Designed by the American Lung Association, the workshop has helped hundreds of thousands of Americans end their nicotine addiction over the last 35 years. It is a proven way to quit smoking — and stay quit — even if smokers have tried before.

Classes are provided in partnership with the Nevada County Public Health Department. The workshop is free and open to the public. Those who complete the full series will receive a $30 gift card.

Classes meet from 3 p.m. to 5 p.m. January 9 through February 20 at the Oak Ridge Community Room, 228 Sutton Way in Grass Valley. For more information or to register, call Karen at 530-274-5601 or register online at http://www.connectingpoint.org/events.

Connecting Point is a public agency dedicated to supporting the health and well-being of our community. Learn more about Connecting Point at http://www.connectingpoint.org.

“Kabbalat Shabbat” brings together community with song, dance and Challah in Grass Valley

Chabad of Grass Valley is inviting the Jewish community to experience Shabbat together every Friday evening with their new “Kabbalat Shabbat” weekly event.

Men, women and children are invited to gather in a community space to sing prayers and special songs welcoming the Shabbat. Participants join in Hebrew or English and clap, tap and sing along as renowned singer Liron Artzi, originally from South Africa, leads the prayers with upbeat, lively tunes and dancing. Adults and children then gather around a Shabbat table for Kiddush, Challah and dinner, prepared by Chyena Yusewitz.

“This is the highlight of our week now,” says Chyena Yusewitz, program coordinator at Chabad of Grass Valley. “I am hoping that people will see our home as their second home, and a great place to gather, in a loving setting, at the onset of Shabbat.”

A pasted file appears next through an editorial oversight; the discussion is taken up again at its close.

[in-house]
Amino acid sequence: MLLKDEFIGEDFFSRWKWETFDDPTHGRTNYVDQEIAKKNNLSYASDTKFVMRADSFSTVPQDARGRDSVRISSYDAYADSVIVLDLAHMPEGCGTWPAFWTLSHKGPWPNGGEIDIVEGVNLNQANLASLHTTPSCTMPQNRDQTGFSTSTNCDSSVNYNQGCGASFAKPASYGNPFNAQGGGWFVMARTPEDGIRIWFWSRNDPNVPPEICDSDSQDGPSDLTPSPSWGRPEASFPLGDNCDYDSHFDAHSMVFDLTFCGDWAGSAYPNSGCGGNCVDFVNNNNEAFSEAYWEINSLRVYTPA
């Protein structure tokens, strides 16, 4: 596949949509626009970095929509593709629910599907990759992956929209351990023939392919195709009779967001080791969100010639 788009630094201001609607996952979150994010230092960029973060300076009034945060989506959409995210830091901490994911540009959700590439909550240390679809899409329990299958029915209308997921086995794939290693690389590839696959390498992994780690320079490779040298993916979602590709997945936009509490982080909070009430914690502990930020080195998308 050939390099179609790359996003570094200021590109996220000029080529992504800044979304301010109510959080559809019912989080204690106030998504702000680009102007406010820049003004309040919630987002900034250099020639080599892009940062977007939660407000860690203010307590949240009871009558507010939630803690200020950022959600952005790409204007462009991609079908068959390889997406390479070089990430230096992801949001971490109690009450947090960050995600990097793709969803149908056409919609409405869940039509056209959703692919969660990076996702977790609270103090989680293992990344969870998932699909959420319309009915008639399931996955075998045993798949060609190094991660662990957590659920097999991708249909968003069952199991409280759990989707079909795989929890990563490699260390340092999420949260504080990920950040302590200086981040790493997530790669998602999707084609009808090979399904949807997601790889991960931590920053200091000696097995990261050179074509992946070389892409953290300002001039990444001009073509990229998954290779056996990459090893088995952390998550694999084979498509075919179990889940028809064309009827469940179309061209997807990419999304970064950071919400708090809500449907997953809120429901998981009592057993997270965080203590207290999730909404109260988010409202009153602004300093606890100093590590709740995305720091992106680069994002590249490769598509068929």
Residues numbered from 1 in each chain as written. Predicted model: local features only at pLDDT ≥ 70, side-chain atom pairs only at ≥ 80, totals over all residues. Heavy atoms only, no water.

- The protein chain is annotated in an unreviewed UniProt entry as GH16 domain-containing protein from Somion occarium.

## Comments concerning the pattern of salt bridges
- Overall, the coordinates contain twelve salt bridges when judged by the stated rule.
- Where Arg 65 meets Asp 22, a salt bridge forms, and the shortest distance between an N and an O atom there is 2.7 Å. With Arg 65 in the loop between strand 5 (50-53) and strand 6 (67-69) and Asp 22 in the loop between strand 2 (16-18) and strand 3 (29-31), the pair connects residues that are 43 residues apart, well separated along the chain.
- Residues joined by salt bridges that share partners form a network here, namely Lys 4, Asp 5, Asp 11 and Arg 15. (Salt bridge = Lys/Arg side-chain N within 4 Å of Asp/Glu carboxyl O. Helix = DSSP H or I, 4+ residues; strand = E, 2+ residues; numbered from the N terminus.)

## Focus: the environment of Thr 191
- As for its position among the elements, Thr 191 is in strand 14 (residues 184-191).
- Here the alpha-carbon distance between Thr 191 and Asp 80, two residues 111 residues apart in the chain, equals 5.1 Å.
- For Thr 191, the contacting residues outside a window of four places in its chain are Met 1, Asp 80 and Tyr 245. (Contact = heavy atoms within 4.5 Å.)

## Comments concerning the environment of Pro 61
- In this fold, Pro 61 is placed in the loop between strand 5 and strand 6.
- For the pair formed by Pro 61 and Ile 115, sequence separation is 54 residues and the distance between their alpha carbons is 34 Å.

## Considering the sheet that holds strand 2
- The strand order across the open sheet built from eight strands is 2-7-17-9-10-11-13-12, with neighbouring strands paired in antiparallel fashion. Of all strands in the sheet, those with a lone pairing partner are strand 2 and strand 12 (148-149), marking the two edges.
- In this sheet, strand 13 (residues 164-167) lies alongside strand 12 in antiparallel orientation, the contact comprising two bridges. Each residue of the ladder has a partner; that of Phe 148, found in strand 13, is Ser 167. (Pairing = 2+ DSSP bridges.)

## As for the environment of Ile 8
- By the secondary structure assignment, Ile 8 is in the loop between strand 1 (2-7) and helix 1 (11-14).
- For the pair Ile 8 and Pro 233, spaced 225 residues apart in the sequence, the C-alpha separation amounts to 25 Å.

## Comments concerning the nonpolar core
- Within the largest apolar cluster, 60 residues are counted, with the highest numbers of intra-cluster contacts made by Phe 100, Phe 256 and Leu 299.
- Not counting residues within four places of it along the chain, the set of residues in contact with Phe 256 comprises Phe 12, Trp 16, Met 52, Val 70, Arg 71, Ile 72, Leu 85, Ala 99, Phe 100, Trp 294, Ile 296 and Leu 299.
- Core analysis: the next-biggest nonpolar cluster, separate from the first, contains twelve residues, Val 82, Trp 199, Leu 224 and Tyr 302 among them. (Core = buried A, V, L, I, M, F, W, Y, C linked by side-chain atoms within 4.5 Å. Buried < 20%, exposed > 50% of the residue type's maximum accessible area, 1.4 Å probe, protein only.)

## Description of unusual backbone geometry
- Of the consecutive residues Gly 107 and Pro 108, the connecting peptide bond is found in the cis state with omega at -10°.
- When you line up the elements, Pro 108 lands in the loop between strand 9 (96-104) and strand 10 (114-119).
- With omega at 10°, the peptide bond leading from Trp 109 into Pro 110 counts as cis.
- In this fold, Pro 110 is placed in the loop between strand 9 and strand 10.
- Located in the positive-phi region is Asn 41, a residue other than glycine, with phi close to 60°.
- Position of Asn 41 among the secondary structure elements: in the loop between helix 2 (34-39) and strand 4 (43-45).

Future plans include themed Kabbalat Shabbat events for singles, seniors and families, as well as themed menus, such as Israeli-style, Italian, gluten-free, paleo and vegan.

All are welcome at 6 p.m. every Friday at Chabad of Grass Valley for traditional prayers, for the dinner or both. Reservations can be made by emailing Rabbi Nochum Yusewitz at rabbi@JewishGV.com or calling 530-404-0020. To sponsor a week or volunteer to cook, email chyena@JewishGV.com or call 530-404-0020.

Source: Chyena Yusewitz

Grass Valley college student named to ‘president’s list’

Matthew Cross of Grass Valley, a senior at LeTourneau University, was named to the fall 2018 President’s List at LeTourneau University in Longview, Texas. The President’s List recognizes students who have achieved a perfect 4.0 grade point average to receive this honor.

Cross is an engineering major at LeTourneau, a Christian polytechnic university where educators engage students to nurture Christian values and develop competency and ingenuity in their professional fields, integrate faith and work, and serve the local and global community.

LETU offers more than 140 undergraduate and graduate degree programs across a range of disciplines and delivery models at LETU’s residential campus in Longview, hybrid options at centers in the Dallas and Houston areas and fully online programs. For additional information, visit http://www.letu.edu.

After the rain in Nevada City

Rays of sun reflecting off the mist after the rain on Banner Mountain in Nevada City.

Nevada City native appointed to chief legal counsel to CAL FIRE

Former Nevada City native Bruce Crane has been appointed by Gov. Jerry Brown as CAL FIRE’s chief legal counsel and sworn in with his parents and many CAL FIRE employees in attendance. Crane began his career at CAL FIRE (then known as CDF) in 1979 as a seasonal firefighter. He joined the legal office in 2000 at a time when the department had only three attorneys. Crane’s superiors say that his experience as a firefighter has been instrumental in his ability to understand and provide counsel on issues unique to the department. He will lead a group of 13 attorneys who oversee and engage in a broad spectrum of complex program and policy issues. Pictured from left are Bruce Crane, Terry Crane, Mary Crane and Chief Ken Pimlott, director of CAL FIRE.

Nevada County Fairgrounds begins winter hours

Effective immediately, the Nevada County Fairgrounds will return to its winter hours. This change in hours means that the fairgrounds’ gates will remain open during the week to walkers and bicyclists, but will close each weekday at 4:30 p.m. and will be closed on weekends.

The winter hours do not affect the main office, which is open during its normal business hours from 8 a.m. to 5 p.m., Monday through Friday. Additionally, the RV Park at the fairgrounds will remain open, and the grounds will be open for any events that take place during the winter months.

The fairgrounds will return to its summer hours beginning May 1. For more information about the Nevada County Fairgrounds, visit http://www.NevadaCountyFair.com or call 530-273-6217.